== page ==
It was two unconnected, though related events on my recent time down in footy’s heartland – Victoria – that underlined a very real truth: without the fans we do not have a game.
My mother stated that players change, club administrations change, nowadays jumpers change and even venues change. But the one constant is that there are always supporters. For the most part those supporters have been around for years and years – outlasting the players that fleet across a club’s landscape (with the possible exception of Dustin Fletcher who appears intent on playing well into his third decade).
A quick drive into the Sorrento footy ground in my old home town illustrated the point. The juniors were out on the field that I once played on as a teenager, despite the wind chill factor making it about five degrees out there. I had the audacity to see myself out there as I looked, but soon realised that my body cannot do the things it once did.
Adam Saad from the Gold Coast Suns is the Round Five NAB AFL Rising Star nominee. Adam received votes in the Marcus Ashcroft Medal following the Suns’ 64-point win over the Brisbane Lions in Saturday night’s Q-Clash.
The running defender collected 26 possessions, took seven marks and had nine bounces in the Suns’ first win of the season. After being over looked in two NAB AFL Drafts, Adam, 20, was selection 25 in the 2015 NAB AFL Rookie Draft and was upgraded to the Suns’ senior list after impressing in all three NAB Challenge matches.
He made is AFL debut in Round One and has played all five games this year. Adam played junior football with the West Coburg Football Club and the Calder Cannons. He represented the World XVIIIat the 2011 NAB AFL Under-16 Championships.
One thing we always hoped that our site would be valued for in time, was as a documented history of modern International Footy. The site started in 2004 and we have had thousands of stories since then. So what was happening 10 years ago this week at World Footy News?
The recent allegation of racial vilification aimed at Richmond footballer Bachar Houli is a worrying sign. Whilst the journalist involved has apologised and does not recall having labelled Houli as a "terrorist", the mere fact that there might be a perceived vilifying link is disturbing on so many levels.
Whilst the ramifications go all the way to the rights of all people to a life without threats, bullying, stereotyping and fear, there is also a lesser argument that football codes, in this case Australian Rules football, will be damaged as a brand by the actions of a small minority.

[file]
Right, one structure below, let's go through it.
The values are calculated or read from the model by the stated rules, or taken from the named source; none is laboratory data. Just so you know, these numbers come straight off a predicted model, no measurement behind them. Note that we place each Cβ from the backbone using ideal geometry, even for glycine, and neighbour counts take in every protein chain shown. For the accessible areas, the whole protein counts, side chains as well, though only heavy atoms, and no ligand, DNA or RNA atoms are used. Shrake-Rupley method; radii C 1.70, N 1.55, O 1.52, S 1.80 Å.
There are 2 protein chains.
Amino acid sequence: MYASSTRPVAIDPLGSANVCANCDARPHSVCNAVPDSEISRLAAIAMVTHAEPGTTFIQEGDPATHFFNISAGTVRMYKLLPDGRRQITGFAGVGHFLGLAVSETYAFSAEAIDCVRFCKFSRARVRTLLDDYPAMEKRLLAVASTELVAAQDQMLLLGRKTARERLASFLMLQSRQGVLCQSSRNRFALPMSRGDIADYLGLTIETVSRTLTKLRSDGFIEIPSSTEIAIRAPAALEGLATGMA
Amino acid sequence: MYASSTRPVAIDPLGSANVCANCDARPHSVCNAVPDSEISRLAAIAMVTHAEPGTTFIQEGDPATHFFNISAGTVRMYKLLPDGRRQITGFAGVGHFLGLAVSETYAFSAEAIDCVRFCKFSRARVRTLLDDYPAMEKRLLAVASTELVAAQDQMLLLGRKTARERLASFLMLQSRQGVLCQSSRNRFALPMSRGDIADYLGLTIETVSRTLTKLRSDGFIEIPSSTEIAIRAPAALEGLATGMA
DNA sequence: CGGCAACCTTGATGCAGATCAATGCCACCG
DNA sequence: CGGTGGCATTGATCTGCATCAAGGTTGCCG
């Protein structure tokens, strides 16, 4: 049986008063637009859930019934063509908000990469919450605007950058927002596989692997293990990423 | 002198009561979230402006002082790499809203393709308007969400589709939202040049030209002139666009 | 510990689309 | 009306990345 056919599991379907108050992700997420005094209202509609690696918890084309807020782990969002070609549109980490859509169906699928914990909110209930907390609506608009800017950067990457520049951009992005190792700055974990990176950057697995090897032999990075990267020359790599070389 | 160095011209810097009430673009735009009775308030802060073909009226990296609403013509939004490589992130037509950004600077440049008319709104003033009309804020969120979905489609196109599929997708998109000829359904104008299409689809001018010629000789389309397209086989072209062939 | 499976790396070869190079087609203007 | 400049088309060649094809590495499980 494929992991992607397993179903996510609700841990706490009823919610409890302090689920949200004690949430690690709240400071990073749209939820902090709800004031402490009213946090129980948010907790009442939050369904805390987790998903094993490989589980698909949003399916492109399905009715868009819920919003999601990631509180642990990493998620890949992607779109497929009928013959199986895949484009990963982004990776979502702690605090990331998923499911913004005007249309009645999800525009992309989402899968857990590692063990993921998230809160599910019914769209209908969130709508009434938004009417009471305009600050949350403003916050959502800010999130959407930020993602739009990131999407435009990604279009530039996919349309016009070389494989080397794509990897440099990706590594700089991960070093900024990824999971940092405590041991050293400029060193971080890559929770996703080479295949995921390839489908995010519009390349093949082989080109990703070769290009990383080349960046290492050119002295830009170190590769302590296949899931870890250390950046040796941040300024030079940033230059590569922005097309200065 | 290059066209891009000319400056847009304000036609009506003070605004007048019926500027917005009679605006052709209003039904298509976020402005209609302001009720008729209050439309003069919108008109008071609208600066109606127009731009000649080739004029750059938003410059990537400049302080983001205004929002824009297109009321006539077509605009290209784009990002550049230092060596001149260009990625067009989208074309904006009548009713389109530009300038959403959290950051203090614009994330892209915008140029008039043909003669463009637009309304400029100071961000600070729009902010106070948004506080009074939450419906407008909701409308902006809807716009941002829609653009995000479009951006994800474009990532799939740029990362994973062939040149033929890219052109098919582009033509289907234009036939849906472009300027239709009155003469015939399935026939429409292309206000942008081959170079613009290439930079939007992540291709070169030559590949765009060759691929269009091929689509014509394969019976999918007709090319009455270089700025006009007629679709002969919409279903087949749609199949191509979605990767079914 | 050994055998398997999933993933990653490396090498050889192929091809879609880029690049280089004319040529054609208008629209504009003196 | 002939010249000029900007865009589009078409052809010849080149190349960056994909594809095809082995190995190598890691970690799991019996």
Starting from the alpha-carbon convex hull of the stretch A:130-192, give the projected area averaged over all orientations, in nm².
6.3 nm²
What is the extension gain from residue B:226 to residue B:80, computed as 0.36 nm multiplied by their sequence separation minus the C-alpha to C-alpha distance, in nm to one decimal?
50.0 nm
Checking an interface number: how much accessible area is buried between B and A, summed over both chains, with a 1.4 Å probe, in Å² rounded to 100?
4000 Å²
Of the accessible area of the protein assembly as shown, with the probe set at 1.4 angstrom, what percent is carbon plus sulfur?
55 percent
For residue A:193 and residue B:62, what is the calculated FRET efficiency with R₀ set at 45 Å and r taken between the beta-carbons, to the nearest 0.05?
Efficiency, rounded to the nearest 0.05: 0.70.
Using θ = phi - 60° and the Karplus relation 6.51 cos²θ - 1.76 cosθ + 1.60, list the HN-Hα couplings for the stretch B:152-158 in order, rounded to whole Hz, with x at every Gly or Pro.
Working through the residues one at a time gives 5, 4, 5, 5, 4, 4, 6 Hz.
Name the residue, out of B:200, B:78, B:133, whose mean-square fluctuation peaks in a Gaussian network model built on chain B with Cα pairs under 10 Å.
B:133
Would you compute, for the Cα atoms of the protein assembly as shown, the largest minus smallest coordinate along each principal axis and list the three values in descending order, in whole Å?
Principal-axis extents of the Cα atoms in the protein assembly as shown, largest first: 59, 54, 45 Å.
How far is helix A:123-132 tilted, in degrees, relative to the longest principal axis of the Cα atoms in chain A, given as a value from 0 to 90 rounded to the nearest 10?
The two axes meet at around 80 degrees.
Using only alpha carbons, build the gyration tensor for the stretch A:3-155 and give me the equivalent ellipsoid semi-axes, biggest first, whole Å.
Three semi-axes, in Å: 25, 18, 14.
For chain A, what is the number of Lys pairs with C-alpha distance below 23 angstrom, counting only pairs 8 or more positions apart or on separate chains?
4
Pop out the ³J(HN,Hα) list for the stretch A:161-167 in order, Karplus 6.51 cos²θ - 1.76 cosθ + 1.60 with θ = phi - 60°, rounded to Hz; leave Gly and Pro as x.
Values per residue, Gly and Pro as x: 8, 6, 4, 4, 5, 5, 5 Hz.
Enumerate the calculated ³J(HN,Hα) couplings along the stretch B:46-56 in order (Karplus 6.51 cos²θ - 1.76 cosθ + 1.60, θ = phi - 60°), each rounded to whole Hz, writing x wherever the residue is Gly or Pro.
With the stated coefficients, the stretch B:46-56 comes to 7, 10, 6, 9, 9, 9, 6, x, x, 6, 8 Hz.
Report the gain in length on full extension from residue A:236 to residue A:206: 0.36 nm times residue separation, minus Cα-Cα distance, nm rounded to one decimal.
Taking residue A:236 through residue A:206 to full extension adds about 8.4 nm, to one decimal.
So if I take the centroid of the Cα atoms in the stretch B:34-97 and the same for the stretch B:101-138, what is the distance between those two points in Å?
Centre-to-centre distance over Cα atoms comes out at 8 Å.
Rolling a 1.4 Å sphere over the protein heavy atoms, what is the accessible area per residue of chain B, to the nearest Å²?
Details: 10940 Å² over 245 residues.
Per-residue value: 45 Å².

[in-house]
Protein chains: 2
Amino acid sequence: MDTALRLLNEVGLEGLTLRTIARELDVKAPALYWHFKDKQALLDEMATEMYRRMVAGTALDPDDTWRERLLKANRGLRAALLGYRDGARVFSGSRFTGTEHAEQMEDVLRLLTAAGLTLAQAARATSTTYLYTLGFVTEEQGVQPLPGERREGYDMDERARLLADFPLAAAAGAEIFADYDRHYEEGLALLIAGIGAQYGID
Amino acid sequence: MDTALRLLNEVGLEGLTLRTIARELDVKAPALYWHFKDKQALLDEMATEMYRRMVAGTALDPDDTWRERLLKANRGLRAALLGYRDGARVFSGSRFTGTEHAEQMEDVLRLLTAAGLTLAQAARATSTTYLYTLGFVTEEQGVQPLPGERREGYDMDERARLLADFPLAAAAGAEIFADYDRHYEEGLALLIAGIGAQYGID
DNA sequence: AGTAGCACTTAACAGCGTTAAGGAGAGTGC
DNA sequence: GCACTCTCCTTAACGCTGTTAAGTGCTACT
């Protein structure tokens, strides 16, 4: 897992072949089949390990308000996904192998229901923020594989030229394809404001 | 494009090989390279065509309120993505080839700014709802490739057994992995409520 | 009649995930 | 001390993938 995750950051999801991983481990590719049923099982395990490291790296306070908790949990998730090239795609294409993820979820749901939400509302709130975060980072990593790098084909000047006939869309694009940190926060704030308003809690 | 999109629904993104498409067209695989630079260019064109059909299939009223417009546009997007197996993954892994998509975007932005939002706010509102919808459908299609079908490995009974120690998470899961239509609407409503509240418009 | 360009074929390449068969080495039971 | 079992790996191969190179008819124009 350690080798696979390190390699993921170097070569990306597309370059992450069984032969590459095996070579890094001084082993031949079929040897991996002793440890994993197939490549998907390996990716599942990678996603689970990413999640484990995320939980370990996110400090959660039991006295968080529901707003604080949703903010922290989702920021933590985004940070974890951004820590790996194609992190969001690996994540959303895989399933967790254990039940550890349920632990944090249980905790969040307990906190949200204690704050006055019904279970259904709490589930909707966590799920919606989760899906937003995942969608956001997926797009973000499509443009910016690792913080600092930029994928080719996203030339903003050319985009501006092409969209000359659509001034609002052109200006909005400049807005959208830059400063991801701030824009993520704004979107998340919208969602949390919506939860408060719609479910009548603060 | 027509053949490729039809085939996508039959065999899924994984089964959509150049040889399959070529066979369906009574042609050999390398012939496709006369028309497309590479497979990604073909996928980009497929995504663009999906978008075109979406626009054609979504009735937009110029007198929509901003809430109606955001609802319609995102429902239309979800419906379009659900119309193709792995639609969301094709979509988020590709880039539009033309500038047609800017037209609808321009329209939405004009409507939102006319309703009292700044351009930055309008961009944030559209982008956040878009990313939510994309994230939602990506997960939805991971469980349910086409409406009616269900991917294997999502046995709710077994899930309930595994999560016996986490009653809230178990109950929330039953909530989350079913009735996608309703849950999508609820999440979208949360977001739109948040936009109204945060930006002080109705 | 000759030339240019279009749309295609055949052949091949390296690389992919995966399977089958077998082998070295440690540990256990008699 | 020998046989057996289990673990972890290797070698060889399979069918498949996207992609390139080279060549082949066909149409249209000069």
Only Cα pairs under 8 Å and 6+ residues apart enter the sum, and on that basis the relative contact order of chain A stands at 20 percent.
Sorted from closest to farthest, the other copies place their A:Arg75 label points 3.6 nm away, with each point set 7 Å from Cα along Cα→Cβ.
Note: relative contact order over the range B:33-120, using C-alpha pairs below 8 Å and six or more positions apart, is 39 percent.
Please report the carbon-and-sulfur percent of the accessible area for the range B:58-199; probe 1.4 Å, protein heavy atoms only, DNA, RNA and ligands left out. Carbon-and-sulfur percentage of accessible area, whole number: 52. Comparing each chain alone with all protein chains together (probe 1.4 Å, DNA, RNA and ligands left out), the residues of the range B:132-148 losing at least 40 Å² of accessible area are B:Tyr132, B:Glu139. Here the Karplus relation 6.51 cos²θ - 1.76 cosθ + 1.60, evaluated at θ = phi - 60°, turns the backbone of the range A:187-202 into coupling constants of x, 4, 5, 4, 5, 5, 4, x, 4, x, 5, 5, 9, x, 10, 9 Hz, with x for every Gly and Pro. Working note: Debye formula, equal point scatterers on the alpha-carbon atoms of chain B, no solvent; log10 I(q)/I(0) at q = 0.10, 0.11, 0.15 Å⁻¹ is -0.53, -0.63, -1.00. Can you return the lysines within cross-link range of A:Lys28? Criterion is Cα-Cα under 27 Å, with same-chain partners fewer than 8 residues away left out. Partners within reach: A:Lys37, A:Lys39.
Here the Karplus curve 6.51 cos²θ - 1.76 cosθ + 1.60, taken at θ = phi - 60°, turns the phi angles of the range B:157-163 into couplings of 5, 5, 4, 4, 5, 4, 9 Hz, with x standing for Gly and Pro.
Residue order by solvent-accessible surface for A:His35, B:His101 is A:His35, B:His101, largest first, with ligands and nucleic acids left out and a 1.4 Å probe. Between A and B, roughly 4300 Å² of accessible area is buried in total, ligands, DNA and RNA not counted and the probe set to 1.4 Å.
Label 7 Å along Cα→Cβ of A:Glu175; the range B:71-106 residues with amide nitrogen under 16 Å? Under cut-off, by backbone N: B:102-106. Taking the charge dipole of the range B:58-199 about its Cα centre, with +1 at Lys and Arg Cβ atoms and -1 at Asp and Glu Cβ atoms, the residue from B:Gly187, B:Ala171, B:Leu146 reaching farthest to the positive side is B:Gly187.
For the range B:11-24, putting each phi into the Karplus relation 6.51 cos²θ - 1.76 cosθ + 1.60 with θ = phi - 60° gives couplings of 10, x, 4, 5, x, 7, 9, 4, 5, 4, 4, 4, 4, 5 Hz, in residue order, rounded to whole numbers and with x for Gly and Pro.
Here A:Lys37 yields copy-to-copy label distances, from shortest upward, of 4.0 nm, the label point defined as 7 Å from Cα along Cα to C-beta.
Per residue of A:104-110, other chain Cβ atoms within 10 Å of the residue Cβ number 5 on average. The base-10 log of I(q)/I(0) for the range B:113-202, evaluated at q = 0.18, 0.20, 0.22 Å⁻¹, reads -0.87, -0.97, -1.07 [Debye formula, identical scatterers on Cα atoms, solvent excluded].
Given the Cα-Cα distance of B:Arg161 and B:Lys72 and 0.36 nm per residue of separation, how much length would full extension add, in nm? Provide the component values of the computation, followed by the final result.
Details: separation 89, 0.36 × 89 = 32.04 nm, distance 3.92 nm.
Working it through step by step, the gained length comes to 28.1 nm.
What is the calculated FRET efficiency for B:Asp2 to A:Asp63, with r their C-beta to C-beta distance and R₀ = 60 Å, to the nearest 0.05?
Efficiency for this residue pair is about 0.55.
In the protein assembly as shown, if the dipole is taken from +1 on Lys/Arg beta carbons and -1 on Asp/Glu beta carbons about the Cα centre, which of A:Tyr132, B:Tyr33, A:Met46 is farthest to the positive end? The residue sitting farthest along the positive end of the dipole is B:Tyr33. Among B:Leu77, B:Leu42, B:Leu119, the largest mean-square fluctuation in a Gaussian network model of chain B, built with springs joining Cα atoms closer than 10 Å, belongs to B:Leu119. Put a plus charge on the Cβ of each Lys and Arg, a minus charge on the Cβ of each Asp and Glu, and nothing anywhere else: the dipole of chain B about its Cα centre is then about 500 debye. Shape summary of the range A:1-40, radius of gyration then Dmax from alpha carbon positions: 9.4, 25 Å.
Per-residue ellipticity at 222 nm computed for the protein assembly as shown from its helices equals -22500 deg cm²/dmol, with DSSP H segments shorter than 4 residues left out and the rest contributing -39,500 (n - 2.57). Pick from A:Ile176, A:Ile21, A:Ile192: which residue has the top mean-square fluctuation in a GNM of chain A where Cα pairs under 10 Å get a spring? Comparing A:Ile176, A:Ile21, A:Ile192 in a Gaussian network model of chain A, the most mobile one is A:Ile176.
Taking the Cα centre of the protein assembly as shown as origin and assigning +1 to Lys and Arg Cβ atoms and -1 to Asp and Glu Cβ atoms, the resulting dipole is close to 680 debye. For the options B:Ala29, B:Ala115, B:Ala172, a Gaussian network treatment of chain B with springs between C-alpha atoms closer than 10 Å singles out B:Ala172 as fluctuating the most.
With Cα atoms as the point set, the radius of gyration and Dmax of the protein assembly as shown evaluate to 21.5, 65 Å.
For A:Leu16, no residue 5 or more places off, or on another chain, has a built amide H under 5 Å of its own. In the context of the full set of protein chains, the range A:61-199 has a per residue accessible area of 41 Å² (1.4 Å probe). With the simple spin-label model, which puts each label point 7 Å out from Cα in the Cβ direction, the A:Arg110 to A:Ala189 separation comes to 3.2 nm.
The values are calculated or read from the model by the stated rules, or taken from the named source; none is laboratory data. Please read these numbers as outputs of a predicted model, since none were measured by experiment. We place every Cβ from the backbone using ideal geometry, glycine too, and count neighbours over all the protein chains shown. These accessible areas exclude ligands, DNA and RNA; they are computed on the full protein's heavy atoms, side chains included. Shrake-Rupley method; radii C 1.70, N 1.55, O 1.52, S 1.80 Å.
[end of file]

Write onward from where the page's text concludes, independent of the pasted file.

This incident come just over a week after Western Bulldogs player, Lin Jong, was the target of racial slurs. His lineage is both East Timorese and Taiwanese. Richmond's Chief Executive, Brendon Gale stated to the AFL's website that ""Lin Jong is a fine young player and we should be celebrating the diversity he brings to our game."
Likewise, Bachar Houli's contribution to the game in terms of the development of multicultural markets for our game should be applauded and widely recognised. Racial slurs, whether in jest, without thought or deliberately targeted have absolutely no place in our game, or any sport, and all that can be done needs to be so stamp out racial slurs.
AFL Round 4 kicks off with Richmond hosting Melbourne at the MCG in Melbourne, Friday night. Five matches will be played across ANZAC Day on Saturday including the St Kilda vs Carlton match in Wellington NZ.
Once again viewers around the world can access matches live or delayed on a number of TV networks or stream the telecast via subscription to Watchafl.com.au.
Note Fox Soccer Plus will now be broadcasting the Port vs. Hawthorn match instead of the GWS Giants vs. Gold Coast SUNS match.
TSN2 will also now be broadcasting the Essendon vs. Collingwood Anzac Day match LIVE and the Geelong Cats vs. North Melbourne match on delay.
The broadcast schedule for this round can be seen below.
The Under 15 players in cairns competing in the National Diversity Championships certainly present an amazing spread of heritage and culture. Whilst the Kickstart squad is comprised of players with indigenous Australian backgrounds, the All nations squad has the criteria that one or both parents had to be born overseas (or the player themselves) to qualify.
On that criteria, the spread of multicultural talent is quite astonishing, and a pointer to the future uptake of Australian Rules football.
Throughout a series of interviews conducted at the championships, accompanied by information provided in the official record booklet, the list includes (but is not limited to):
Mexico, Myanmar (Burma), South Korea, Cambodia, Vanuatu, Afghanistan, France, Sudan, Congo, Lebanon, South Africa, Burundi, Cameroon, Papua New Guinea, New Zealand, Samoa, Kenya, Zimbabwe, England, Egypt.